But I like my students to work with primary sources. It's important to show students how historical events mattered to the people living at that time. What would it have been like to live in London at that time?
So I planned two 45 minute lessons (total of 90 minutes) to look at William Blake's poem "London". I have taught Blake before - but for this lesson, I wanted to show how Blake use poetry to criticize society and the inherent hypocrisy he witnessed in 1790s London when he was living the capital.
We read the poem together and I made sure students see what the poem looked like when Blake published it. One cool thing about Blake is that he was a printmaker and he self-published all of his own books - and illustrated them.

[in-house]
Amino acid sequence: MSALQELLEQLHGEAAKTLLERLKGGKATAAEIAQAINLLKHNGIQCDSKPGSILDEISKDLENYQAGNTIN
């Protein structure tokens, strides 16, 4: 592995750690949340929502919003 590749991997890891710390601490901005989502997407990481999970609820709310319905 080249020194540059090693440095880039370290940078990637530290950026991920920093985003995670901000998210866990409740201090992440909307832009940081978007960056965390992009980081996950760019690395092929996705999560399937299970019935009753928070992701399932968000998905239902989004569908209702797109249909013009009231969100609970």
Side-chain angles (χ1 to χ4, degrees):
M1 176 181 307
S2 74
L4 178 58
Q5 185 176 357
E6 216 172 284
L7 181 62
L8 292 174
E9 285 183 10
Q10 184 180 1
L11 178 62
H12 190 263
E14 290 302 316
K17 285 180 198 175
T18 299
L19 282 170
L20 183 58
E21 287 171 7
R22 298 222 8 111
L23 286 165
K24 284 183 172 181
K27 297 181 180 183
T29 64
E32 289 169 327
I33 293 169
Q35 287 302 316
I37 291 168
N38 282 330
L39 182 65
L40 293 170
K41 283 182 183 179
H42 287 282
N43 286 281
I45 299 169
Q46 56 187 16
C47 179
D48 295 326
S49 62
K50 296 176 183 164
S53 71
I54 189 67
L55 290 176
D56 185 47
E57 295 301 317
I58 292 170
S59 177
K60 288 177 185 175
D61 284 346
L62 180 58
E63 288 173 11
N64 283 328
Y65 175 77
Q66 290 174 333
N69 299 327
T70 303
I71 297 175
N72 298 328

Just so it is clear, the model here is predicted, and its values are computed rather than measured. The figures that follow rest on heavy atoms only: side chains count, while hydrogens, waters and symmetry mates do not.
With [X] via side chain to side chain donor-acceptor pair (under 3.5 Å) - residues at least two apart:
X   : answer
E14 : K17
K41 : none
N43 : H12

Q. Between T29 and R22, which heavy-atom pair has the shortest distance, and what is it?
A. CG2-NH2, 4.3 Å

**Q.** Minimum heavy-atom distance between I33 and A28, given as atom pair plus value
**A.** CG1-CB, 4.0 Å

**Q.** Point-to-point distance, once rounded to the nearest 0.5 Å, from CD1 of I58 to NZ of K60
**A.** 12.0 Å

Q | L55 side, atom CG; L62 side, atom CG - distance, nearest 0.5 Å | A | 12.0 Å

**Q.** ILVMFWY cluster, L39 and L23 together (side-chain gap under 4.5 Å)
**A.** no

We look at the illustrated version and I ask students to point out what they notice. We then read the poem together and then using a document camera we work on annotating the text. I have prepared a bunch of my own annotations to guide the process but I make sure that students add their own insights as well!
After we annotate the text kids work in small groups to work on further diving into the text using 11 reading comprehension questions I prepared. They then report back and we have a class discussion using 9 discussion questions I came up with to help students make more connections from the text to the world.
I'm proud of my students thinking and I'm thinking if you want to try teaching "London" to your student you can download the resource I packaged as a printable PDF on Teachers Pay Teachers.
I hope you enjoy using this resource and of course I'd love to know what you think. Leave your thoughts in the comments section below.